Barack Obama transfers $500m to Green Climate Fund in attempt to protect Paris deal (The Guardian) Barack Obama has heeded calls to help secure the future of the historic Paris agreement by transferring a second $500 million instalment to the Green Climate Fund, just three days before he leaves office. The fund was a key aspect of the Paris agreement signed in 2015, which aims to keep global warming “well below" 2C and aspires to keep warming to 1.5C. Established in 2010, it is financed by wealthy countries and used to assist developing countries with adaptation and mitigation. It was widely seen as a key measure to bring both rich and poor countries to the negotiating table. The US committed to transferring $3 billion to the fund. The new instalment leaves $2 billion owing, with the incoming president, Donald Trump, expected to cease any further payments.
EU proposes to halve food waste in Europe by 2030 (The Guardian) People are being urged to support calls by a major pan-European group to halve ‘farm to fork’ food waste in Europe by 2030, on the eve of a landmark vote later this month. The European parliament’s environment committee will vote on new regulations on 24 January, which are set to shape the next 15 years of EU food waste policy and have the potential to be the most ambitious, legally binding target on food waste in the world.
Theresa May’s Brexit speech spurred a sterling recovery - but don’t get too excited (The Conversation) The pound reacted positively to Theresa May’s Brexit speech, but don’t let this give you the impression that it is good news for the UK economy. The bounce from around US$1.2150 to around $1.2380 at 5pm UK time on Tuesday is probably no more than what is known as a short covering phenomenon. This is where investors who bet against a currency start to cover their positions to limit their losses when the currency appreciates in in the short run. The way the pound rebounded does not reflect long-term confidence in the currency.
German inflation confirmed at three year high of 1.7% (Financial Times) Germany’s annual inflation rate hit its highest level since July 2013 at the end of last year, a leap which has ramped up the pressure on eurozone policymakers to justify their extraordinary stimulus measures. At 1.7%, Germany’s December year-on-year inflation rate climbed from 0.7%, with rising energy prices doing most of the work pushing up the inflation basket.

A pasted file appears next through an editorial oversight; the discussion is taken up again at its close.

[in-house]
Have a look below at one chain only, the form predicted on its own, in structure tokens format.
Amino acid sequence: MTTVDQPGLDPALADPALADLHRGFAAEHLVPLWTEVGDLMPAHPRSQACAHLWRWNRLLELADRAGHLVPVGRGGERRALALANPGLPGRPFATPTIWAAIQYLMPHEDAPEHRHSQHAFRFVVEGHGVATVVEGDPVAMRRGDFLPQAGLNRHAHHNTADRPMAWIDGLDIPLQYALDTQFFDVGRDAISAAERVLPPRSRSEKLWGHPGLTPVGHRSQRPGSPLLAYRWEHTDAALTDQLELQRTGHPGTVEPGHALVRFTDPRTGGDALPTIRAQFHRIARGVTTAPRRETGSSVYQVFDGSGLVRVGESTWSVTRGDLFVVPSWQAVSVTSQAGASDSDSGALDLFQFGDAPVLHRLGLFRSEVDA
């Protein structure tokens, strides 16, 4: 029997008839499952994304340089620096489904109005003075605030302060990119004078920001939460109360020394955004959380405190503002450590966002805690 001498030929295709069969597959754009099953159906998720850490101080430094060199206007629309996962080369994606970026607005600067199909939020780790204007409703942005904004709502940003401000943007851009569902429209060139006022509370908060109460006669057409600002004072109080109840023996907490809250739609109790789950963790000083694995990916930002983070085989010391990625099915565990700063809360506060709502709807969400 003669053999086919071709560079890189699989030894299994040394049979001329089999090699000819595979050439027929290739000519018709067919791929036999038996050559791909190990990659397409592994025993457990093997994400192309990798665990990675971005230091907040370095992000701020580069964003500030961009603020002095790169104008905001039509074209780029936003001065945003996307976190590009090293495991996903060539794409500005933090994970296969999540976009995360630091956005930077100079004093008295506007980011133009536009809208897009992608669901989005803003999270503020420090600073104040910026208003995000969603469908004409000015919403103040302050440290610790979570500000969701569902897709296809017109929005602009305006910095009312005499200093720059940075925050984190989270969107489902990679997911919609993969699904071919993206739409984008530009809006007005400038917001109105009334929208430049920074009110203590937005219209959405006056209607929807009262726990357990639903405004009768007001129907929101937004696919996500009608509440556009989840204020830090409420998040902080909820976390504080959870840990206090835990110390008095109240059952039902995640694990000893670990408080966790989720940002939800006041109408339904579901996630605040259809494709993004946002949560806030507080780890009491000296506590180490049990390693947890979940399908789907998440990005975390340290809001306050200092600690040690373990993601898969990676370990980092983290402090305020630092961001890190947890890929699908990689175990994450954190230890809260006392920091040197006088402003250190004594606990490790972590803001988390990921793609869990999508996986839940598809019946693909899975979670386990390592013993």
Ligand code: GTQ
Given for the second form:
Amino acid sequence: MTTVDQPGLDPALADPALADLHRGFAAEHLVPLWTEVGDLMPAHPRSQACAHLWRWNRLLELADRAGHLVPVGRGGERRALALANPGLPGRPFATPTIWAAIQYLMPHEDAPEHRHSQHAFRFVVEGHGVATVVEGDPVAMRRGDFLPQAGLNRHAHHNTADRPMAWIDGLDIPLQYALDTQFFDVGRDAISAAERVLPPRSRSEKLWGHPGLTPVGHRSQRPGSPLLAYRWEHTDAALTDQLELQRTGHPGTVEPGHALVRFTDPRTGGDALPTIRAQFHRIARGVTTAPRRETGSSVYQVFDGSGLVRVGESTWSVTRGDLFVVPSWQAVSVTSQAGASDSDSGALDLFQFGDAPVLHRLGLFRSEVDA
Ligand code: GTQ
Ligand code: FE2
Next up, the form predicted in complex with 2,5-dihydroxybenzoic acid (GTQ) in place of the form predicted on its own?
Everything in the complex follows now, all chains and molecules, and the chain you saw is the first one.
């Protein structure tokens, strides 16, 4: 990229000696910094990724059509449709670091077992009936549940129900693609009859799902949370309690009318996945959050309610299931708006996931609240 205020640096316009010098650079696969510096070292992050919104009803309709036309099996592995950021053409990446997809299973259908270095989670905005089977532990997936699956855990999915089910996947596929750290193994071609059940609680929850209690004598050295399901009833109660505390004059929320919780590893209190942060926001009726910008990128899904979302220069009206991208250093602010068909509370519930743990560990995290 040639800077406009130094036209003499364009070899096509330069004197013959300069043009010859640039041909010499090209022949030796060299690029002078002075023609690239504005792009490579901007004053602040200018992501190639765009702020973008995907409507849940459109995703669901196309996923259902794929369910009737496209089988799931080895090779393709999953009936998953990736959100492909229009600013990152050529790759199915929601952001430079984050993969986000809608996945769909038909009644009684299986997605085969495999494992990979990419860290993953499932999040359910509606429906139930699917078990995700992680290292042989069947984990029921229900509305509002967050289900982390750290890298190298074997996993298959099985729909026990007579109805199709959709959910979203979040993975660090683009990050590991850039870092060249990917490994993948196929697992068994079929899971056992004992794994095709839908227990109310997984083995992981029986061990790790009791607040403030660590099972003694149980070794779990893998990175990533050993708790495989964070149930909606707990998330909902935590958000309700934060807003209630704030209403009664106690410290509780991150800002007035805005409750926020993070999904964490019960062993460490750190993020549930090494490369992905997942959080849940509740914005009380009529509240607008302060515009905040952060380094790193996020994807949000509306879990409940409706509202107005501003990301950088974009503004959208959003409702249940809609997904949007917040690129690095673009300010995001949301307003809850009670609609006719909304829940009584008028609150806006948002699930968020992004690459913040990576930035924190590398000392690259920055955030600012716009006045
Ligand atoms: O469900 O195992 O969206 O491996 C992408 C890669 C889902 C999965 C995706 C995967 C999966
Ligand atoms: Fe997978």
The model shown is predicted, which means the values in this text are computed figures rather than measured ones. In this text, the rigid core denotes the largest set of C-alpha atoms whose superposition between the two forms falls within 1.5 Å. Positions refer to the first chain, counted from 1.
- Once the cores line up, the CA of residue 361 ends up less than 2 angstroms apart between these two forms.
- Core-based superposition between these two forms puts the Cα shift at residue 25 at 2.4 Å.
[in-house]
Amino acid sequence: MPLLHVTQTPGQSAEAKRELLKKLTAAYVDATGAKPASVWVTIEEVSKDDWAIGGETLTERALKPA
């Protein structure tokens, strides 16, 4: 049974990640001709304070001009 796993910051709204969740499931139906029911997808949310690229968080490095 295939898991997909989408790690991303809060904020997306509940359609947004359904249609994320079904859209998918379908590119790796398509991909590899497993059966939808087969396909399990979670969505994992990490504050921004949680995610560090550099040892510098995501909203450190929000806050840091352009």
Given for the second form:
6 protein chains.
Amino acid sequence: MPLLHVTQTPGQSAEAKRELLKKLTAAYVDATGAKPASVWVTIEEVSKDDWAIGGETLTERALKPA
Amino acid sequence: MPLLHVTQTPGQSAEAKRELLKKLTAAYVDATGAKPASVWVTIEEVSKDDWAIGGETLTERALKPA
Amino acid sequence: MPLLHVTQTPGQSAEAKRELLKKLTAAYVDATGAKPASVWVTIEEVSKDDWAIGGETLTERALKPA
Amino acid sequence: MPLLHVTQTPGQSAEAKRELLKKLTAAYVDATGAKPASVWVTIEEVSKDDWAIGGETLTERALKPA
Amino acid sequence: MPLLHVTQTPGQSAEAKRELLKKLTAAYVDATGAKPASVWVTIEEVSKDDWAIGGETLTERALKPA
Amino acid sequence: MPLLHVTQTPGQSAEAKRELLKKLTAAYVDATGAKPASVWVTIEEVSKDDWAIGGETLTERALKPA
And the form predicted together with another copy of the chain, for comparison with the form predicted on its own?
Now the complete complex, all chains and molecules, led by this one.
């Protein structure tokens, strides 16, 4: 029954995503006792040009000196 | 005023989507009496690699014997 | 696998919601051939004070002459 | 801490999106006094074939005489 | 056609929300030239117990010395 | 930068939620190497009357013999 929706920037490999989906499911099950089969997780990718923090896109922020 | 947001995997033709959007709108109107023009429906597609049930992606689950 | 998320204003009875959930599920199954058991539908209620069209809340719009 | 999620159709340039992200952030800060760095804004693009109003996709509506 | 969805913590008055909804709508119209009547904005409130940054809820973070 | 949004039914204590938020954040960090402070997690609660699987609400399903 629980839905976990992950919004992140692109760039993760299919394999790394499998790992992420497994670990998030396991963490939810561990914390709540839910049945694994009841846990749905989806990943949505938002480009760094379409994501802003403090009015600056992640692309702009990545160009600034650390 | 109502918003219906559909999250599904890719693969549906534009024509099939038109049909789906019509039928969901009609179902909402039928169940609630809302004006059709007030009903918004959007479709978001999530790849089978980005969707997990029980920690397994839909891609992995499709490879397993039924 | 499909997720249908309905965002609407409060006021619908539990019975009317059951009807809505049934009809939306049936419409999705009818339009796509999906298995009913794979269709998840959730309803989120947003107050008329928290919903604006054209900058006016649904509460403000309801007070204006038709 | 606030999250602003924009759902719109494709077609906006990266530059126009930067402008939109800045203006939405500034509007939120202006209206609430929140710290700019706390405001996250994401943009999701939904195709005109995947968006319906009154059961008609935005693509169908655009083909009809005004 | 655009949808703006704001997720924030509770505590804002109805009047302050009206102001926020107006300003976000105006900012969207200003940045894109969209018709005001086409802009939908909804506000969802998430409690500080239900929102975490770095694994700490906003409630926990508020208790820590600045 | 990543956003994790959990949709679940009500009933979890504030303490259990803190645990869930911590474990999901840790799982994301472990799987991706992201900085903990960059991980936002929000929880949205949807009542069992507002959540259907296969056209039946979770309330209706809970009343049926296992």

India's Central Bank Must Save Itself (Bloomberg) The Indian government’s abrupt decision to withdraw high-value notes from circulation has hurt a great many people and sectors of the economy. But the institution that’s been injured the most is the Reserve Bank of India. Since demonetization was announced on Nov. 8, India’s austere and technocratic central bank has become the butt of online jokes. Soft-spoken Governor Urjit Patel has endured intrusive protests. The central bank employees’ union wrote him a letter saying staff were “humiliated" by the RBI’s “operational mismanagement" and warning that the bank's “autonomy and image have been dented beyond repair". One former RBI governor said that in Patel’s position, he'd resign.
Five Things to Watch in China’s GDP Report (Bloomberg) Fourth quarter and full-year gross domestic product data will be released Friday at 10 a.m. in Beijing, which will be 9 p.m. Thursday on Wall Street. The expansion remained 6.7% percent for a fourth-straight quarter, according to a Bloomberg survey of economists as of Tuesday. That annual pace would be the slowest since 1990, but still among the fastest in the world. Among the things to watch will be property investment as curbs appear to have stabilized a sharp surge about a year ago.